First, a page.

Does the Metropolitan Police reflect London's ethnic diversity?
"We can't have a police force representative of a London which has an ethnic minority population of 55% when only 10% of its officers are from an ethnic minority."
David Lammy in the Daily Mirror, 13 January 2014
The verdict of lawful killing returned by the jury in the inquest into the killing of Mark Duggan has led some to ask what can be done to rebuild trust in the Metropolitan Police.
Among them is David Lammy, Labour MP for the Tottenham constituency that Mr Duggan called home, who today argued that the Met needed to do more to make sure its ethnic mix reflected the communities it served.
The first part of Mr Lammy's claim - that 55% of Londoners come from an ethnic minority background - is problematic. The Greater London Authority (GLA) calculates that 3.3 million Londoners classify themselves as Black and Minority Ethnic (BME), around 40% of the 8.2 million people living in the capital. In fact, the GLA estimates that "the proportion of the population that is BME is projected to reach 50% by the mid-2030s."
The figures themselves are drawn from the 2011 Census, which does show that 45% of London's population identified themselves as 'White British' (or White English/Welsh/Scottish or Northern Irish), meaning that 55% had different ethnic origins.
On the basis of these figures, Mr Lammy is correct if you understand 'ethnic minority' to mean anyone who does not describe themselves as White British. However this isn't the definition that is usually used for statistical purposes: the GLA and the Met itself define ethnic minority to be anyone who isn't white, thereby removing those who think of themselves as White Irish, White Gypsy/Traveller or White Other origins (who collectively make up 18.9% of London's population) from Mr Lammy's cohort.
Thin White Line?
The claim that just 10% of Metropolitan Police officers are from a BME background is easier to verify with Scotland Yard, whose 2011 report 'How We Police' stated that "10% of police officers are from black and minority ethnic (BME) communities, compared to 32% of London's working age population."
The gulf between the force's ethnic mix and that of London as a whole is grows larger in the higher echelons of the pay scale: only 4% of officers at chief inspector level or above are BME.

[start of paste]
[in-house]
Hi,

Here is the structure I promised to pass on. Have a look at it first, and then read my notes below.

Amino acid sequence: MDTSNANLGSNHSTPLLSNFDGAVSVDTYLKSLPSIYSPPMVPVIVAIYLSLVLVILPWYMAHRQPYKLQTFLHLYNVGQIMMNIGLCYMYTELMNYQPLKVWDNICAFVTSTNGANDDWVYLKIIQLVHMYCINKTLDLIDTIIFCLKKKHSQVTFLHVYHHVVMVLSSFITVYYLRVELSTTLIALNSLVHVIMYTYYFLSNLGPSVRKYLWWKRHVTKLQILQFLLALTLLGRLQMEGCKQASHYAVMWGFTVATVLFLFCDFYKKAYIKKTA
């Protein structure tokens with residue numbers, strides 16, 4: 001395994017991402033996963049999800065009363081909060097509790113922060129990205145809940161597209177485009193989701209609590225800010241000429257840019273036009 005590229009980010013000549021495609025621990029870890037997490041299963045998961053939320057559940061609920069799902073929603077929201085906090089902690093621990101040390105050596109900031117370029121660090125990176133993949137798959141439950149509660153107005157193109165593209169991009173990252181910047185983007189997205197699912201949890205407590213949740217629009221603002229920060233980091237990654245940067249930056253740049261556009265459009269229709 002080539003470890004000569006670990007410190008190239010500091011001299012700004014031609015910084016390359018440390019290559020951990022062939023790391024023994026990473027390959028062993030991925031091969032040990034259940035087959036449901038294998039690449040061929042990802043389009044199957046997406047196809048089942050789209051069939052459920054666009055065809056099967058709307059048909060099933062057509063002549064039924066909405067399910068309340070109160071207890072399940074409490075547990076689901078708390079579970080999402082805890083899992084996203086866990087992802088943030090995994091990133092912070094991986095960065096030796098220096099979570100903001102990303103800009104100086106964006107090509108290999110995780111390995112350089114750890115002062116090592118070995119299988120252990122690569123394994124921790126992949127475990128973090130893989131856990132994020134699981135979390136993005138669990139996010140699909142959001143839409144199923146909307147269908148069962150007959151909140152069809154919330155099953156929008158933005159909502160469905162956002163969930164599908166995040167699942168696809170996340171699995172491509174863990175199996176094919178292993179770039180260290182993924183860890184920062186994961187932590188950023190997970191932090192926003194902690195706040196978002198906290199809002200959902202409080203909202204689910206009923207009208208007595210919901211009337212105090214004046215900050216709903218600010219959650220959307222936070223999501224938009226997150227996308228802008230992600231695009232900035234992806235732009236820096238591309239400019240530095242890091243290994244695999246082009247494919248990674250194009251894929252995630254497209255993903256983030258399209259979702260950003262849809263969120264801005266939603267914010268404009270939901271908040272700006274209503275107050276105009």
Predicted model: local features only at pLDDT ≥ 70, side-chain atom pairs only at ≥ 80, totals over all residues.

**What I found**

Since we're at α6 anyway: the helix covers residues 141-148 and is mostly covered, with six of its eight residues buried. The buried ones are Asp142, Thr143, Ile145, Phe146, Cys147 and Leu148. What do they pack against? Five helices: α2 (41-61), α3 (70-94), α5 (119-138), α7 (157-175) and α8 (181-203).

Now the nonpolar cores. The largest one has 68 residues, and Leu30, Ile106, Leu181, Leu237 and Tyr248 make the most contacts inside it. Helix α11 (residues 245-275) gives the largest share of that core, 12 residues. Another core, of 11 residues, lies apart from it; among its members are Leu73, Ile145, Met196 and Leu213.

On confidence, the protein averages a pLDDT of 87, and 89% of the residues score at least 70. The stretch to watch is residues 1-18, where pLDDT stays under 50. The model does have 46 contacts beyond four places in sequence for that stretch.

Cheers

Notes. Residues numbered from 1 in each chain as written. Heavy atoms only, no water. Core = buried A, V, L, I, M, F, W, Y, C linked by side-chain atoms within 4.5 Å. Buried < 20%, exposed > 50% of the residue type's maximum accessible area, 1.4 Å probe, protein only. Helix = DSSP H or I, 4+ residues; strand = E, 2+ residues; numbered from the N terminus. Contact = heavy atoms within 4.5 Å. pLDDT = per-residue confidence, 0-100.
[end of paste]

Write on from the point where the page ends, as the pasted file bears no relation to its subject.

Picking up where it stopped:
Nevertheless, as the Home Affairs select committee found when it looked at the issue, the Met can boast that it has the highest proportion of BME officers in the country. For context, In Dyfed-Powys, North Wales and Humberside, fewer than 1 in 100 officers are from a BME background (although these areas are also some of the most ethnically homogenous in the country).
There is also some evidence that the Met is becoming more like the population it serves. At the time of the 1999 Macpherson Report into the Met's handling of the murder of Stephen Lawrence, just 3.4% of officers on London's streets were from BME backgrounds. In 2011, 16% of newly recruited officers were from BME backgrounds.
Scotland Yard also looks very different if you take a broader view of policing. The Met points out that 30% of its Police and Community Support Officers (PCSOs) come from BME backgrounds, while 27% of special constables recruited in 2011 were classed likewise.
While David Lammy might have overstated the size of London's ethnic minority population in terms of how it is commonly understood, he is right that the proportion of Metropolitan Police officers who come from similar backgrounds is much smaller. While 10% of officers are currently considered to be BME, the proportion has increased over recent years, and is much higher for special constables and PCSOs.